The musical score (by John Barry) adds to every scene, and is among the more poignant and lyrical soundtracks I've ever heard in a movie. I own a copy of the soundtrack, and by itself it is a moving work of art.
I give this movie 5 stars, without reservation. If you've never seen it, and even if you don't go for "medical dramas", see this one. You won't regret it.
25 of 26 people found the following review helpful
on February 24, 1999
Format: VHS Tape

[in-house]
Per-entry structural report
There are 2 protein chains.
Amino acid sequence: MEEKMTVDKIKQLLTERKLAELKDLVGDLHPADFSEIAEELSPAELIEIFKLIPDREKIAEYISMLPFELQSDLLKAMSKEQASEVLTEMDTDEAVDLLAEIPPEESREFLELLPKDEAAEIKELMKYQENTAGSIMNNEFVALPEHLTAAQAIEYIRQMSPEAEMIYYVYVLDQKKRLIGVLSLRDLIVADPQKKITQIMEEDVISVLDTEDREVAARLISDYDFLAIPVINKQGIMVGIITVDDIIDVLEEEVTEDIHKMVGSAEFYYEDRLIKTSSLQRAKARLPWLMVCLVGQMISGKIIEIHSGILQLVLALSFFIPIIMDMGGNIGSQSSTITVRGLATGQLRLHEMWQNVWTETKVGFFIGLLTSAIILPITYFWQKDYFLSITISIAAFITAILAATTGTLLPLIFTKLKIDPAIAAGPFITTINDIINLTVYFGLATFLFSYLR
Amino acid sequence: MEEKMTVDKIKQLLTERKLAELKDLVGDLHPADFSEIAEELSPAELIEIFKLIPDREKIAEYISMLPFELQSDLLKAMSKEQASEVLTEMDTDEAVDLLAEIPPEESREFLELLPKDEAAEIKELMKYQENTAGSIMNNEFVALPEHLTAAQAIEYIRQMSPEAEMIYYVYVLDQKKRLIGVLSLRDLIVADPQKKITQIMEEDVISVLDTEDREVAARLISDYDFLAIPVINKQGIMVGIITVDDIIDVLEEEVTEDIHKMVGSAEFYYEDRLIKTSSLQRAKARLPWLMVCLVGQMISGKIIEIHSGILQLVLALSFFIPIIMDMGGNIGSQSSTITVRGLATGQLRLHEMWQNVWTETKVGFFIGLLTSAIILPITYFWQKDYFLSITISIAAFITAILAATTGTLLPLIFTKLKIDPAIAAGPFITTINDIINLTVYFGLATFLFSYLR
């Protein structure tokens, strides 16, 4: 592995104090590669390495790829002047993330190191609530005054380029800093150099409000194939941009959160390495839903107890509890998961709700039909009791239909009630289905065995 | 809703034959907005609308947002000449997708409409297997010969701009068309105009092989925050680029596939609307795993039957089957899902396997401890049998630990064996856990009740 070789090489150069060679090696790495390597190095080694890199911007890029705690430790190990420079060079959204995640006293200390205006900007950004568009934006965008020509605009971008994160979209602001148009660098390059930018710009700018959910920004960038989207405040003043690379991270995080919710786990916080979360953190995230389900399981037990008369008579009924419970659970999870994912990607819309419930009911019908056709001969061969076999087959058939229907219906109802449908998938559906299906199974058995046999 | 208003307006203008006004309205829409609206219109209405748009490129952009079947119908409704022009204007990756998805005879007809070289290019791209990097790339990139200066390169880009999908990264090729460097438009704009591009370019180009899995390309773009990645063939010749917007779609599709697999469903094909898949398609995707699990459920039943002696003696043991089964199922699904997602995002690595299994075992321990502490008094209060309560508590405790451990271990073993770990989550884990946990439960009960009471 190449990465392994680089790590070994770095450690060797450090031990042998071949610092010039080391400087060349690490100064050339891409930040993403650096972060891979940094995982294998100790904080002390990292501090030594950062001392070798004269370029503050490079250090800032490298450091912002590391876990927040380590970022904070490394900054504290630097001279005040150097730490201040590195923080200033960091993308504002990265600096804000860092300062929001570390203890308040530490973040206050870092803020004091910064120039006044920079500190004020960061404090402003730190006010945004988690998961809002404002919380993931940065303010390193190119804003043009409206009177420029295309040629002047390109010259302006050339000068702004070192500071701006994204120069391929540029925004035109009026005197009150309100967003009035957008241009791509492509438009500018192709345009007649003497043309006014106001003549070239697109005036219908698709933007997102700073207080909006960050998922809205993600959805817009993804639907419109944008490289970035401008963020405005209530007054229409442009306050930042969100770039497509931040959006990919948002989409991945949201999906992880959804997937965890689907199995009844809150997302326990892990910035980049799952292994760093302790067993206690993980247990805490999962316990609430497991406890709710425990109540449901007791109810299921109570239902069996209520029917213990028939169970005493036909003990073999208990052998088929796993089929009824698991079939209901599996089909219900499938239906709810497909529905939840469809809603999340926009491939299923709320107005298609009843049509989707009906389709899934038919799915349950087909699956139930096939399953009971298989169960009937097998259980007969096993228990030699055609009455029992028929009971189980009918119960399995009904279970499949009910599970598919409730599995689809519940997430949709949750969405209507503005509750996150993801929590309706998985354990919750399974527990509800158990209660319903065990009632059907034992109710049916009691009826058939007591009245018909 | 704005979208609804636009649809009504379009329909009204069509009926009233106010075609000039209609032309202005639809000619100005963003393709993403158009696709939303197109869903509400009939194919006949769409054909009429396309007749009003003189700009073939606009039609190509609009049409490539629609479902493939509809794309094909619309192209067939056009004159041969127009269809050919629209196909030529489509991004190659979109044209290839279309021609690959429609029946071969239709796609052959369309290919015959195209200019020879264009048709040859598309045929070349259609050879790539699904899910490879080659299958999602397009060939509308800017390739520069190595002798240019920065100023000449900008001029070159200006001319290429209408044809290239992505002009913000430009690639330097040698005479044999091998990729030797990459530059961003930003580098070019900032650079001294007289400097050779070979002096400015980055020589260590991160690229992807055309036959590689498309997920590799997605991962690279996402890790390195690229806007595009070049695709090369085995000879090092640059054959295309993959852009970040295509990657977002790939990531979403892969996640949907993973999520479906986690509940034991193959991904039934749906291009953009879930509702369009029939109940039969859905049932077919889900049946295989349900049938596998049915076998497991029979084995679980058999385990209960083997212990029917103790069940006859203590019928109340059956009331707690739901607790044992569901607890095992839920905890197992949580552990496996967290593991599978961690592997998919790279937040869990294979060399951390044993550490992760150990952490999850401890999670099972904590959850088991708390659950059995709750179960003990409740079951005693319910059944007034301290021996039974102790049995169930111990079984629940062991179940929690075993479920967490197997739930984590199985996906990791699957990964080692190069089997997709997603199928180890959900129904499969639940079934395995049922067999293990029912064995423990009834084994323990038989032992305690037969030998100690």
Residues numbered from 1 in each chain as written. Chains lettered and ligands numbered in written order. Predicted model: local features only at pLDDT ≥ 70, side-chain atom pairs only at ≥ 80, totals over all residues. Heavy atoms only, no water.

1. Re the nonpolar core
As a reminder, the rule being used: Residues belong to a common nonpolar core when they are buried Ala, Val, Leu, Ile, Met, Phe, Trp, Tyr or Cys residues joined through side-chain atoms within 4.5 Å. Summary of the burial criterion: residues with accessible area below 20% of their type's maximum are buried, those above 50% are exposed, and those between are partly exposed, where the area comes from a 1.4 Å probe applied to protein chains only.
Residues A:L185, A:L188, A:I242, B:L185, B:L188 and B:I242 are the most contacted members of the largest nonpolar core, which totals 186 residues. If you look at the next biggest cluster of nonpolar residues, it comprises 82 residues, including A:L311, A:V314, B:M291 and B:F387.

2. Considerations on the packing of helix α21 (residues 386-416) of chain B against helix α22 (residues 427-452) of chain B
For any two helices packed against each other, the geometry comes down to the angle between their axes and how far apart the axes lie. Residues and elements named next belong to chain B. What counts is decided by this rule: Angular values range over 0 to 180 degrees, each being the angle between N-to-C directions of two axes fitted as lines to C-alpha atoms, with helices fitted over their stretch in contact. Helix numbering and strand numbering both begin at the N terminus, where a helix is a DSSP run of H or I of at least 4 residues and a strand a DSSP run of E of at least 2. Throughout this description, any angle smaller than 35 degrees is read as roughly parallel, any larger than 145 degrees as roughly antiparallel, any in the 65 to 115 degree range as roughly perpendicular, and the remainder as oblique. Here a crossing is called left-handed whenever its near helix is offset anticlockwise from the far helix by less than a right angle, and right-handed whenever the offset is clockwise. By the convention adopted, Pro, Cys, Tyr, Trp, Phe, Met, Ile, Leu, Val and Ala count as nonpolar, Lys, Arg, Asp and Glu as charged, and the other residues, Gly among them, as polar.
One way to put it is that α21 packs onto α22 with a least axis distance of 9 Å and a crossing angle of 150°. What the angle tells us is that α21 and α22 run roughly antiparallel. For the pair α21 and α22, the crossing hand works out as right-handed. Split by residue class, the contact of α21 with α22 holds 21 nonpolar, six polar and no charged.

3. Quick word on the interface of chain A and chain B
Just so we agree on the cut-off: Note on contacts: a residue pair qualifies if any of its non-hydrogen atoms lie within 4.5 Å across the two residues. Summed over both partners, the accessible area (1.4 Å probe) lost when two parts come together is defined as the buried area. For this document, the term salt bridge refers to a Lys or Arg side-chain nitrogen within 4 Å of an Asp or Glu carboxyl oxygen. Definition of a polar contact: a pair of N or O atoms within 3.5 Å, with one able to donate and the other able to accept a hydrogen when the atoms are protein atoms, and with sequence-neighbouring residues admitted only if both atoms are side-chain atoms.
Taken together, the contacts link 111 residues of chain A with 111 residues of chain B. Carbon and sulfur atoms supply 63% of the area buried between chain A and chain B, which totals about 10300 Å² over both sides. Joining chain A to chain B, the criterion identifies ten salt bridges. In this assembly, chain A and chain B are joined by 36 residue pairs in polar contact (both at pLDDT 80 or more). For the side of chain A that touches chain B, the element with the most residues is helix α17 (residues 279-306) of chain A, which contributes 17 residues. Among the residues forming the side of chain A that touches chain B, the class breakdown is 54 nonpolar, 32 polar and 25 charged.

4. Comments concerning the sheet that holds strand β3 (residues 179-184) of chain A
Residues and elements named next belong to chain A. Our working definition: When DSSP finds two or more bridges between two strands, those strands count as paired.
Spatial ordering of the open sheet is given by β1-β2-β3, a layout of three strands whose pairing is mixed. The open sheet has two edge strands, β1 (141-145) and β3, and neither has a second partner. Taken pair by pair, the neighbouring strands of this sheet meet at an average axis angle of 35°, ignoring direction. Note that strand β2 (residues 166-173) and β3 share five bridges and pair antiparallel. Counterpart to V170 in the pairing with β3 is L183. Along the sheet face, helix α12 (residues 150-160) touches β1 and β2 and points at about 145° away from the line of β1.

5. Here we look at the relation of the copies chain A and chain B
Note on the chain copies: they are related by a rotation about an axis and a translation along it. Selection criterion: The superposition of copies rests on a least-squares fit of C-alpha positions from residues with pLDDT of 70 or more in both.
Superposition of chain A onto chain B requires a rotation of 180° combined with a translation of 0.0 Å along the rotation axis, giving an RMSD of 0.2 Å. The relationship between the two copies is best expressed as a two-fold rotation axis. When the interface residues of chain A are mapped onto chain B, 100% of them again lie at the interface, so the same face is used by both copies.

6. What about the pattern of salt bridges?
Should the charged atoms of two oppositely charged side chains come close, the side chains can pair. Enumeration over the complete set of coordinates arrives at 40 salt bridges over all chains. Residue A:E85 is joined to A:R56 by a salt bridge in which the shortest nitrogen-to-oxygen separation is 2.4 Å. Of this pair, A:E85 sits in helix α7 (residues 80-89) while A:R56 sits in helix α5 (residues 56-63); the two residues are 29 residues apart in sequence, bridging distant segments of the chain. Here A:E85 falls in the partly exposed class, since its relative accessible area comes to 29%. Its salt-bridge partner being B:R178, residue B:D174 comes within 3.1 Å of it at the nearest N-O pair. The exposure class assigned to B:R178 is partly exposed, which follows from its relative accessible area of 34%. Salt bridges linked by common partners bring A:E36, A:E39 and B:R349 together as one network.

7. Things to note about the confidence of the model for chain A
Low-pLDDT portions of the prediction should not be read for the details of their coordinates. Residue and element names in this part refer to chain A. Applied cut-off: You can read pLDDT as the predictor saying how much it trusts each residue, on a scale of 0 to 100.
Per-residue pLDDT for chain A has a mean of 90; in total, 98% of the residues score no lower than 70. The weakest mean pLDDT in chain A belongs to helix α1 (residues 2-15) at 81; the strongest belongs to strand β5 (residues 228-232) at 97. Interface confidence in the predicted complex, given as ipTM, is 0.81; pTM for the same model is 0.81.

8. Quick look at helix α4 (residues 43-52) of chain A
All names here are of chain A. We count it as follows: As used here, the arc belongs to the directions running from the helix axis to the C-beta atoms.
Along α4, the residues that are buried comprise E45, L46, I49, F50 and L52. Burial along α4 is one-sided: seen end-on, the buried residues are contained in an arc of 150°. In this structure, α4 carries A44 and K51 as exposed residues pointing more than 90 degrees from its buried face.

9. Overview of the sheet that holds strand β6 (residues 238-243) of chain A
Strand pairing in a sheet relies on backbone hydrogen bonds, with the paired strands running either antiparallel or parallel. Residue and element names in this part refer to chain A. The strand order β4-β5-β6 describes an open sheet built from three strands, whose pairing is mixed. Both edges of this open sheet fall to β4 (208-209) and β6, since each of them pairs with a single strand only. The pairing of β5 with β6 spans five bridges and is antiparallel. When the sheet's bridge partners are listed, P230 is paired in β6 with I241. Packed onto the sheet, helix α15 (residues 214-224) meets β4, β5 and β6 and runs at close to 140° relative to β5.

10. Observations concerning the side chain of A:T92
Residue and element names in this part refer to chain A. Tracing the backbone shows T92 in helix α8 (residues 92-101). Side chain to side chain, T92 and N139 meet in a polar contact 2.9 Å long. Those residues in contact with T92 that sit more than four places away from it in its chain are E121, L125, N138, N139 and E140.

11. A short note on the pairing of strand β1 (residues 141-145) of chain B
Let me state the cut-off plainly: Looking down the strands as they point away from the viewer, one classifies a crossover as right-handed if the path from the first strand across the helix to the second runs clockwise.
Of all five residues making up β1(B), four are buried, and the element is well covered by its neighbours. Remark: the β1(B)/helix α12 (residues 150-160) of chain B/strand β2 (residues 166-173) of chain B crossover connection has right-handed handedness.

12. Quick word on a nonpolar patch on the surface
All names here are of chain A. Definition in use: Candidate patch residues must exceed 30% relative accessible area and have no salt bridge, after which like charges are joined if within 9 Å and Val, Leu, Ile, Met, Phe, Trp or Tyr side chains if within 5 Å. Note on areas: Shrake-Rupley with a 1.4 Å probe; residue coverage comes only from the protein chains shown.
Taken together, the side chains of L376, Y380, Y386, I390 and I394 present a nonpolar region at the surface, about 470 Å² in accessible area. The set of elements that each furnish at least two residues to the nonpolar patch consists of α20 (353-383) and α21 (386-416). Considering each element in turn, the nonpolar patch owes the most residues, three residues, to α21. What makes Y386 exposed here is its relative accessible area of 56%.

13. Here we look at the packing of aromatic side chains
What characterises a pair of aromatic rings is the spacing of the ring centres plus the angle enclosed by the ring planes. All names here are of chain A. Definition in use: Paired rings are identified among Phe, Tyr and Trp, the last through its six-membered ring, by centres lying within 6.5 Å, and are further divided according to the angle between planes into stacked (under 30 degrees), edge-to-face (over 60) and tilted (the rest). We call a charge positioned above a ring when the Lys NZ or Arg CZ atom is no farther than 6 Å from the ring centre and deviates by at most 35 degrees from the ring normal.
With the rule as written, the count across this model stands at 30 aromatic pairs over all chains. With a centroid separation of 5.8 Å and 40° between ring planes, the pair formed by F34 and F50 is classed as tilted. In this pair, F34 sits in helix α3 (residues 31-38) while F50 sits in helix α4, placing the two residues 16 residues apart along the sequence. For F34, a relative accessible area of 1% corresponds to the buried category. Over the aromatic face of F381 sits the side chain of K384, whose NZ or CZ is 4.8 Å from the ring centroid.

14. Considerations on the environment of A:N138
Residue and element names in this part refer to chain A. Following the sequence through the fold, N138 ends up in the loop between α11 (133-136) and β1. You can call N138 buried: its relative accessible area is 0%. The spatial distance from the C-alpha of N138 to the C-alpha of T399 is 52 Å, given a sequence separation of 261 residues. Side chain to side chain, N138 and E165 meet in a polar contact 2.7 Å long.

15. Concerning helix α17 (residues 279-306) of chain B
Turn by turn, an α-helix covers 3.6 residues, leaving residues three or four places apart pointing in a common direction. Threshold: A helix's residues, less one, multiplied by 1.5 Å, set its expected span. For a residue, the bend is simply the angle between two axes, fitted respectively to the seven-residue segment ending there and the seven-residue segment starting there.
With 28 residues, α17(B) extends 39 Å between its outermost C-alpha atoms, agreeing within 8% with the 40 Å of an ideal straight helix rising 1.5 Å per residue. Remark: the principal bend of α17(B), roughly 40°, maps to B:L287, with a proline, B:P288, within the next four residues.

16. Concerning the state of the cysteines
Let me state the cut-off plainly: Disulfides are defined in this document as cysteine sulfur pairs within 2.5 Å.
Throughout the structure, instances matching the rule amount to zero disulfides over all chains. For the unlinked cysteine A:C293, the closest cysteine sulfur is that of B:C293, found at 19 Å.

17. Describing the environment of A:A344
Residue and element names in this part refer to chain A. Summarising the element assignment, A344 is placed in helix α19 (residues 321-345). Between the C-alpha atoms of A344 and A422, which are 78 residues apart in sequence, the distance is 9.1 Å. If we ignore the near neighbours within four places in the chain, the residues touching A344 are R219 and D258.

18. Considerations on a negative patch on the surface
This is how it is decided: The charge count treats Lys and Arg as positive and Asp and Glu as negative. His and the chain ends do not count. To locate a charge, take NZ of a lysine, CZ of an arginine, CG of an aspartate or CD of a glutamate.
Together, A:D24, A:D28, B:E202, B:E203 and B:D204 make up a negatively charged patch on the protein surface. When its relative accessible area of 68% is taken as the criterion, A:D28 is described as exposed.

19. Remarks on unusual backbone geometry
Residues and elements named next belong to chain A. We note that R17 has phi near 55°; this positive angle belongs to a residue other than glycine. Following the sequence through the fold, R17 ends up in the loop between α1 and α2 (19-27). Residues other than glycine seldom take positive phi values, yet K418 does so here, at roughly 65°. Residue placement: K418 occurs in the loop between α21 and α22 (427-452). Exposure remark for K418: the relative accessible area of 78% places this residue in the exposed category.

Bruce Joel Rubin won an Oscar for writing "Ghost" (a film I kinda liked) and has also scribed "Jacob's Ladder" and "Deep Impact". Yet here, in his only directorial feature, he paints a picture of inner turmoil and redemption so poignant that you'll bawl your eyes out (like I did). Released the same year as the hyped-up Tom Hanks AIDS drama "Philadelphia", "My Life" proves to be a much better film in that instead of presenting a stereotype and asking us to sympathize with him because it was revolutionary according to Hollywood standards, Rubin takes a theme which is relatively familiar to cinema, adds the twist of the man videotaping his own life, and asks us to share the psychological pain the man is going through. I do not believe I have ever seen Michael Keaton in a better role than this; the camera lingers on his face through many shots, such as one where he has just viewed a colleague's cold-hearted description of him, and another where he's staring into a mirror. There's a wiseacre brilliance to Keaton's acting style, and one thing I've noticed about him through the years is how he plays devoted father-types: "Mr. Mom", "One Good Cop", "Multiplicity". None of these movies showcase Keaton's talent of emotional hurt beneath a wisecracking exterior like "My Life" does, however, and perhaps that's just as well. The film proceeds through his cancer by steps: denial, anger, acceptance, etc. And yet the film doesn't feel like an AA meeting. The late, great Haing S. Ngor provides a Zen type of philosophy as a faith healer, and his advice to Keaton in the movie leads to a subplot involving Keaton's blue-collar parents that gives the film an additional layer of meaning. The Ukranian wedding and reception reminded me of "The Deer Hunter" in the fact that the culture of the characters define who they are and are given greater force in regards to the final tragedy. The most moving aspect of the film involves Keaton's search for forgiveness from his father, who is shown in the film as a chain-smoker perhaps as an ironic twist that his son is the one with the cancer. This motif is continued during the final ten minutes as the father flicks his lighter on and off while his son lie dying in the next room, unable to smoke a cigarette. This film received mixed reviews from film critics when it was first released (compared to the raving they did for "Philadelphia"), yet as time moves on, I believe this film will move more people in the end than Hanks'. The final realization of the backyard circus near the end of the film is one of the most moving examples of the "Good things happen to those who wait" virtues that I've ever seen captured on film, and the utter inevitability of the father-son reconciliation is held back for just so long and so perfectly understated that it ranks with "Field of Dreams" as a testament to the final fruits of fatherhood. "My Life" also includes a beautiful score by John Barry, the same man who wrote the music for "Born Free", "Out of Africa", "Dances with Wolves", and "Cry the Beloved Country". His music for this film ranks among his best and is regularly featured on news shows whenever they want to evoke sentiment. The whole movie has the weight of tragedy over it, but it's exhilarating that the film can make you care so much. The film's example of a loving husband-and-wife is perfectly illustrated in the shot where Keaton and Nicole Kidman gently dance together in the middle of an amusement park as people walk by worried about their own minute problems. This is a beautiful movie.